More than a Balance: Privacy and Security as Partners in Trust

I was in Dublin recently to speak once again at the Secure Computing Forum. The theme this year was “Security and Privacy: Getting the Balance Right”, so I talked briefly about the KPMG report that I discussed in my 2013 blog on “Balancing Security and Privacy”, in particular the KPMG conclusion that “A balance can…


Dissecting a Cybercriminal Heist – Podcast #248

In May 2013, the U.S. Dept. of Justice indicted several members of a cyber criminal gang  allegedly responsible for the largest coordinated cash heist from thousands of ATMs across 26 countries. The scheme netted more than $45 million in less than a week and has the banking industry reeling at the manner in which this…


Battling Business Logic Abuse

What makes business logic abuse popular is that generally it is not something that would be detected by a security process or application vulnerability scanning because the website is functioning as designed and without any security vulnerabilities and the traffic is not exhibiting any unusual or malformed requests (such as with SQL injection or XSS attacks). Instead, it occurs when criminals use the normal functionality of a web site in a way that is unintended causing negative consequences from loss of data, revenue and customers, to the tarnishing of an organization’s brand.


The Changing Landscape of DDoS ….

Traditional DDoS attacks such as UDP Flood, Syn Flood and ICMP Flood work by exhausting network resources. Today some DDoS attacks (like the one described by Litan or those launched by hacktivists Op Ababil against US financial institutions) target the HTTP layer and above. These attacks bypass standard DDoS defenses such as firewalls, Intrusion Prevention Systems (IPS) and Web Application Firewalls (WAFs) since they make use of requests that are well behaved at the network protocol level.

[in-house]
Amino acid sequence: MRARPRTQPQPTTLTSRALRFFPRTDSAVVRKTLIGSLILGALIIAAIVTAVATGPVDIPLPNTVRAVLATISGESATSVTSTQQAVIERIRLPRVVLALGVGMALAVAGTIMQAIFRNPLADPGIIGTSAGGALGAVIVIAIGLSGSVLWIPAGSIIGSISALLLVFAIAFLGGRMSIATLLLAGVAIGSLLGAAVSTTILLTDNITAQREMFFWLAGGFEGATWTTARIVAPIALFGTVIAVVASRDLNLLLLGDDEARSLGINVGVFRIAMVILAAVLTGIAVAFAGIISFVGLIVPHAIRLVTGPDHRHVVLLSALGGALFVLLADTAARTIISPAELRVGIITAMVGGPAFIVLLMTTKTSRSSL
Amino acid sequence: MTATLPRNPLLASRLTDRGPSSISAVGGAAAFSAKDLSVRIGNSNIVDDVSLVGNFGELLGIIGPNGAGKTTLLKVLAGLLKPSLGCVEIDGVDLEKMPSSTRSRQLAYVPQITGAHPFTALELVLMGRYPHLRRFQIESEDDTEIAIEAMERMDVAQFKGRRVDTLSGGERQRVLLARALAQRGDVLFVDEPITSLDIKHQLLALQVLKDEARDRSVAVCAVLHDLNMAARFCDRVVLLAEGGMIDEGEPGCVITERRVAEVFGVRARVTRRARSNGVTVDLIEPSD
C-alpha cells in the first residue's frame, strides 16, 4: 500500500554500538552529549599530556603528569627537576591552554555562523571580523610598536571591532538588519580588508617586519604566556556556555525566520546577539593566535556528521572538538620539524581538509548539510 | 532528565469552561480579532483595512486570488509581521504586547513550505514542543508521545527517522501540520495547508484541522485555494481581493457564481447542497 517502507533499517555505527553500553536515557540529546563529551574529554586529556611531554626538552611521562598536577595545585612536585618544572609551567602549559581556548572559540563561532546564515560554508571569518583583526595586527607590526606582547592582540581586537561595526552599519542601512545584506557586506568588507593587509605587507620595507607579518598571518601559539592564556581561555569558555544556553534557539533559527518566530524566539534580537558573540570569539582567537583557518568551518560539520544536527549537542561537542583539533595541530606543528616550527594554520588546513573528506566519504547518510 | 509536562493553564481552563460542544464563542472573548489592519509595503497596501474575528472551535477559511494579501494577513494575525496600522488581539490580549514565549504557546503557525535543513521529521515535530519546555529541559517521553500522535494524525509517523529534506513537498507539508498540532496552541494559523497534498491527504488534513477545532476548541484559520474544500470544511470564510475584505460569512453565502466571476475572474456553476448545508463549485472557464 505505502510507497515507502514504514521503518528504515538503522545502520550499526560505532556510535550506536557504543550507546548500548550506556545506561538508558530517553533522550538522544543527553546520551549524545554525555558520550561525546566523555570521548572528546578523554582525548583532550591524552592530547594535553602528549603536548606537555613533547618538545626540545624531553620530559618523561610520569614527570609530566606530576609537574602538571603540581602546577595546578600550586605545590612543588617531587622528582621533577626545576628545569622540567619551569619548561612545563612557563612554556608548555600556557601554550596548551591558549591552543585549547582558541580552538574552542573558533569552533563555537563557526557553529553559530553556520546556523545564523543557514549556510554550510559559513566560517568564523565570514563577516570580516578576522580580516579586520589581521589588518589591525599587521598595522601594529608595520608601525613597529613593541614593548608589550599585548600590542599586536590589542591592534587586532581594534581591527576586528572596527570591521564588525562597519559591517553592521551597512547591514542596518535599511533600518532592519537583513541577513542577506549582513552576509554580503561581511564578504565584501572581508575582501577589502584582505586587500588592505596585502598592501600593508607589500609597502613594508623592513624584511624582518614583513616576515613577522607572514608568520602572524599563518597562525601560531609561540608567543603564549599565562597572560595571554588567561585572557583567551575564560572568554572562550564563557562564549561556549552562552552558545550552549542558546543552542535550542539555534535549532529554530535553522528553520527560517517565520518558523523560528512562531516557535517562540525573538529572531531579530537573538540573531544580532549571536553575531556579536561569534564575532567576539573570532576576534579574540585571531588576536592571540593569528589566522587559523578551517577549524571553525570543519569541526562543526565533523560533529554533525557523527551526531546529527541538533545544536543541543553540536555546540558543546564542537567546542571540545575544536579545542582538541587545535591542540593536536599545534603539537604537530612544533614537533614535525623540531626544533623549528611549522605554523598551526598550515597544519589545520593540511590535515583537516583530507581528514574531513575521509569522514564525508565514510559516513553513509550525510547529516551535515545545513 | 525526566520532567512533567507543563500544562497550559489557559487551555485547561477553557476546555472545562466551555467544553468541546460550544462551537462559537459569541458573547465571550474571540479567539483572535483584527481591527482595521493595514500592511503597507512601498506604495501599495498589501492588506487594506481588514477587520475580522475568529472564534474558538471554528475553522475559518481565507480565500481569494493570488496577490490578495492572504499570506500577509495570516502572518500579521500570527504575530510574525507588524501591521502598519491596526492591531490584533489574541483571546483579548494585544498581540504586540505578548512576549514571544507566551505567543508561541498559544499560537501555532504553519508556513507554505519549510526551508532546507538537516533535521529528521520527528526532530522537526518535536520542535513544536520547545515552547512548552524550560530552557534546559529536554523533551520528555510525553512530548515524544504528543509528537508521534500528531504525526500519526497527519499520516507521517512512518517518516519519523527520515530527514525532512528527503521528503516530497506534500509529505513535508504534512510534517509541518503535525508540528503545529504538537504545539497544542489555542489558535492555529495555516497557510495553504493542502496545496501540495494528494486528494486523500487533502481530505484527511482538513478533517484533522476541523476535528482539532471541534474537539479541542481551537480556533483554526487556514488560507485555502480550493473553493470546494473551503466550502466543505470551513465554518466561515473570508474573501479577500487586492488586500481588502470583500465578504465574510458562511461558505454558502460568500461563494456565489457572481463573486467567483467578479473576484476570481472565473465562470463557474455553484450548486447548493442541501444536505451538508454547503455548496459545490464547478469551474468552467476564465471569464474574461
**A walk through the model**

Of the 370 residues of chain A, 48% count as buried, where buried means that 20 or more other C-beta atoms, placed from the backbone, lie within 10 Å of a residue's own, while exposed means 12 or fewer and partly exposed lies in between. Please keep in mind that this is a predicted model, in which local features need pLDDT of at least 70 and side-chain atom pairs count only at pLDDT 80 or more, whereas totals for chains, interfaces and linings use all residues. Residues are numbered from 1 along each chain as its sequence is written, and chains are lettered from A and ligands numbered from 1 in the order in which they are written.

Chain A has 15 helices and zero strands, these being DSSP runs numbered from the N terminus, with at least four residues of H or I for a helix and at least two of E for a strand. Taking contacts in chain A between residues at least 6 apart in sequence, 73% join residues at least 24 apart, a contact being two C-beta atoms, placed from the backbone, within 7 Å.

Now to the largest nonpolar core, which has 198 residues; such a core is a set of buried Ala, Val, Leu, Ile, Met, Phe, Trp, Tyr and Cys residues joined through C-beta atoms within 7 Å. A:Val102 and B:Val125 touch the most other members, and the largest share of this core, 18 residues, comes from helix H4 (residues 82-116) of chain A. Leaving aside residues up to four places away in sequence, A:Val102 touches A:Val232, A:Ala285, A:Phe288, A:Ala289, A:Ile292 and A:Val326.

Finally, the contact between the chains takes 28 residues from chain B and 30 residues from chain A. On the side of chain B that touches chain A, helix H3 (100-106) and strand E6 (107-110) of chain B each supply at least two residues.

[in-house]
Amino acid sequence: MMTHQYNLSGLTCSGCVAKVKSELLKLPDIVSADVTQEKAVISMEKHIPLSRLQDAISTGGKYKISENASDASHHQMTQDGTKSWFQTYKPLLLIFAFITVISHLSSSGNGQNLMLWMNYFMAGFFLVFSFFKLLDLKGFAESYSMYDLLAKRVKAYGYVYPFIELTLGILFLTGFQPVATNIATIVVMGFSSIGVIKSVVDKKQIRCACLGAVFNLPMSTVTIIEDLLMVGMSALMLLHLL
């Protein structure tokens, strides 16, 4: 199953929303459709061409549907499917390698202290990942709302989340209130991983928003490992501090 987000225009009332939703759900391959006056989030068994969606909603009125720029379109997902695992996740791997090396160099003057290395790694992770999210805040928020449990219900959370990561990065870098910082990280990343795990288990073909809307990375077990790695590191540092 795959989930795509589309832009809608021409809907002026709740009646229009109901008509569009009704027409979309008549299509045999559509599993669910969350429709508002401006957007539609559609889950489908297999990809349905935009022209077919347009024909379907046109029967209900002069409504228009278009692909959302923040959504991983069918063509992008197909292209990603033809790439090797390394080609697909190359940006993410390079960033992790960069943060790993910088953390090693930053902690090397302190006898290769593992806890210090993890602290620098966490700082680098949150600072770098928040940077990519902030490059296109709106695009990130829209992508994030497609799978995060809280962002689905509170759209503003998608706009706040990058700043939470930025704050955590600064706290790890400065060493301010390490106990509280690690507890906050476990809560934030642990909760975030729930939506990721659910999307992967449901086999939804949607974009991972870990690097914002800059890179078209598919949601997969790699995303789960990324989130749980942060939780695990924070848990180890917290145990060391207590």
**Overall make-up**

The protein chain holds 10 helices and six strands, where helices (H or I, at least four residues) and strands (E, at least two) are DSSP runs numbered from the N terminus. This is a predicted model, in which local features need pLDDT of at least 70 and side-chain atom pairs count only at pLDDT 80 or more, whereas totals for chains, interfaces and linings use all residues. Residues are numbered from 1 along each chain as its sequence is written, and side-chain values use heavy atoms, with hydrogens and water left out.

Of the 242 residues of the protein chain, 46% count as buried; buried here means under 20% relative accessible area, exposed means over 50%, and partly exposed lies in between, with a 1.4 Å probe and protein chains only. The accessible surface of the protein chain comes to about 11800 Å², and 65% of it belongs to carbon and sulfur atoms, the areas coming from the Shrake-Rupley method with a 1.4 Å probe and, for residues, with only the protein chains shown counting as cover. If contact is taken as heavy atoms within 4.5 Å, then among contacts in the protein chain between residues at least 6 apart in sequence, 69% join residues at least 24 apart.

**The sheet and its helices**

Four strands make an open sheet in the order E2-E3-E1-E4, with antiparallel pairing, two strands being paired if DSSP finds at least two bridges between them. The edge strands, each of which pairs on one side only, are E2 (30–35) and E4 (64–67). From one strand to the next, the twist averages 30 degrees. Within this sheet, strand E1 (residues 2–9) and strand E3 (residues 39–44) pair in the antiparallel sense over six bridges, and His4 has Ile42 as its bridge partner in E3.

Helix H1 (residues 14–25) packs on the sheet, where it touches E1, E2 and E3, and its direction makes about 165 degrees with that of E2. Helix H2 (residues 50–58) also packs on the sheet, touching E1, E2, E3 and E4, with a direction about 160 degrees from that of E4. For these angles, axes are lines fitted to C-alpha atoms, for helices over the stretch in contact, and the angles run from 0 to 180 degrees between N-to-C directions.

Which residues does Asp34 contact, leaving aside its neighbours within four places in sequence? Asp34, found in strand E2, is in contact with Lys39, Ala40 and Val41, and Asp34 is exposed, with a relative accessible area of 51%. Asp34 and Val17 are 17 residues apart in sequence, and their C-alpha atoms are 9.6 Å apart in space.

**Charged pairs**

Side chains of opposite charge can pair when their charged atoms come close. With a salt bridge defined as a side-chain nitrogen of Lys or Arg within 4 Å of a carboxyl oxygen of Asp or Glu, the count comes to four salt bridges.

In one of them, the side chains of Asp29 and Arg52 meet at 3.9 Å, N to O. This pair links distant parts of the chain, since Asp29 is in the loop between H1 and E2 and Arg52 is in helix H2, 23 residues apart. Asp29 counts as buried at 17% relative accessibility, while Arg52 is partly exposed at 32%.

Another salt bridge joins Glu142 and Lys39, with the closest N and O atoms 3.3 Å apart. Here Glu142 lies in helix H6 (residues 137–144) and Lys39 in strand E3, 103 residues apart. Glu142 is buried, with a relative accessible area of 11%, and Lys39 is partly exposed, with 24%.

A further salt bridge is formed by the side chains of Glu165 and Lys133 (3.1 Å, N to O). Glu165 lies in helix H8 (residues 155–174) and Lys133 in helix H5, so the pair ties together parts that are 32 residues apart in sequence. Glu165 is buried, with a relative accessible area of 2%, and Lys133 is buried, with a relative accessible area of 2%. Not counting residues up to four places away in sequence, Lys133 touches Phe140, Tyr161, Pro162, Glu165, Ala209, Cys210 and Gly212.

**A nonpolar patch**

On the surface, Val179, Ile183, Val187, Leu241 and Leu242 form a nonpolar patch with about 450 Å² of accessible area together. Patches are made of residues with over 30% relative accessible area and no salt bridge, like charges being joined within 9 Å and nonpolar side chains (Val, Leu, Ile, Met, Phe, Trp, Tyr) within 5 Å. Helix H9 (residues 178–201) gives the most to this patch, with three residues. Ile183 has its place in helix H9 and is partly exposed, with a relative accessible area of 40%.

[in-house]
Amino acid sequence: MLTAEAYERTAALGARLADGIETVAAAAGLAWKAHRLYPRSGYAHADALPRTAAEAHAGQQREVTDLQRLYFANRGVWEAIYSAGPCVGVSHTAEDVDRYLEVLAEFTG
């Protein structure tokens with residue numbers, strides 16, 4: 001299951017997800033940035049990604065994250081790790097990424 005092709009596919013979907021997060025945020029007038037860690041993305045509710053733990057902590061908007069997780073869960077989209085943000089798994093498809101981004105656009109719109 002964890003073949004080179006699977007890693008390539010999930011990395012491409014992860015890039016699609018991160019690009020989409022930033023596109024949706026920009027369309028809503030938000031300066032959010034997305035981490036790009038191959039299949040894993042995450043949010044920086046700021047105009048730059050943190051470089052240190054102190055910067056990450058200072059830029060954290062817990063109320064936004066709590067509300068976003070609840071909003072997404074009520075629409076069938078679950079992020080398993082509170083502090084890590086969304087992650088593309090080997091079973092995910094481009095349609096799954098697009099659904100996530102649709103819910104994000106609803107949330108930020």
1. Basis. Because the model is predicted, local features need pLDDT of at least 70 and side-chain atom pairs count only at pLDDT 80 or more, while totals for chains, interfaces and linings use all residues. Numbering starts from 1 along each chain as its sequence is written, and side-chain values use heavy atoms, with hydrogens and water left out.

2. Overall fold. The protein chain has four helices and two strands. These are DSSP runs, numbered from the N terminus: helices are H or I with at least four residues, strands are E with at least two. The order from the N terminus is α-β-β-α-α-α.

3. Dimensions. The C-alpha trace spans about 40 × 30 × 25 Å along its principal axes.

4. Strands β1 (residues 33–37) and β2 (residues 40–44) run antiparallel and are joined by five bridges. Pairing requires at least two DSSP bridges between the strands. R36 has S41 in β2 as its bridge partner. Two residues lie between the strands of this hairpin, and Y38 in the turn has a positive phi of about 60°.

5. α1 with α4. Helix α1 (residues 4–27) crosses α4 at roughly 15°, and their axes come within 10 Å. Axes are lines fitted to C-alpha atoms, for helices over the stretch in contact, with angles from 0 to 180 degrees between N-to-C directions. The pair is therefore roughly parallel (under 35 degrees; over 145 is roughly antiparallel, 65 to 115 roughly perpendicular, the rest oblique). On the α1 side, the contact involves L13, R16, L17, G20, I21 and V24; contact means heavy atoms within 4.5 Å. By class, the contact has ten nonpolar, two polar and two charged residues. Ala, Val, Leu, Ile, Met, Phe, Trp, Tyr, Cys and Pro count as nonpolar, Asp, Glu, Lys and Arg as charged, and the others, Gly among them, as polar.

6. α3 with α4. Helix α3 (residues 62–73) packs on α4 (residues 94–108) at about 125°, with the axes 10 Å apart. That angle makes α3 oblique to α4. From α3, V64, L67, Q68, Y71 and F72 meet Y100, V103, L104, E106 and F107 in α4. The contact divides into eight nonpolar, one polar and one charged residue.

With Liberty Reserve Down, What’s In Store for Cybercriminals Now?

With Liberty Reserve being taken down and its owner arrested, many fraudsters now find themselves having to recuperate from substantial financial losses. As the e-currency service was to the equivalent of US dollars in the underground economy, the impact of this sudden shutdown is severe, and the dust it raised may take a while to settle. That being said, savvy fraudsters would have known not to put all their electronic eggs in one basket, as history has a nasty tendency to repeat itself – and this case is no different. The Liberty Reserve era may have ended, but its fate was no different than what befell the eras that came before it.

To Cybercriminals, The Size of a Company No Longer Matters

Gone are the days when it was thought that size of the company matters to the cybercriminals. The latest PwC Information Security Breaches Survey 2013 shows that there has been a significant rise in the number of small businesses that were attacked by an unauthorized outsider in the last year – up by 22%. Interestingly large organizations only went up by 5%. The cybercriminal has moved on to stealing intellectual property or corporate secrets as that’s where the real money is and small companies become easy targets as many do not have the resources or budgets to fully protect their information.

It’s time to understand the differences between corporate secrets and custodial data.

The ATM: Convenience for Consumers….and Fraudsters?

ATMs enable us to get our cash on demand, for those of us who still use cash, and have come a long way since the first machines in the 1960s which dispersed a set amount of funds and sent back the bank card at a later date.

Convenient to consumers, yes – but to fraudsters, ATMs are seen as a way to get their hands on currency that isn’t theirs and unlike an online transaction can be harder to trace. As a cash-out point for many scams, fraudulent crimes and cyber-attacks the ATM has seen its fair share of unfriendly withdrawals.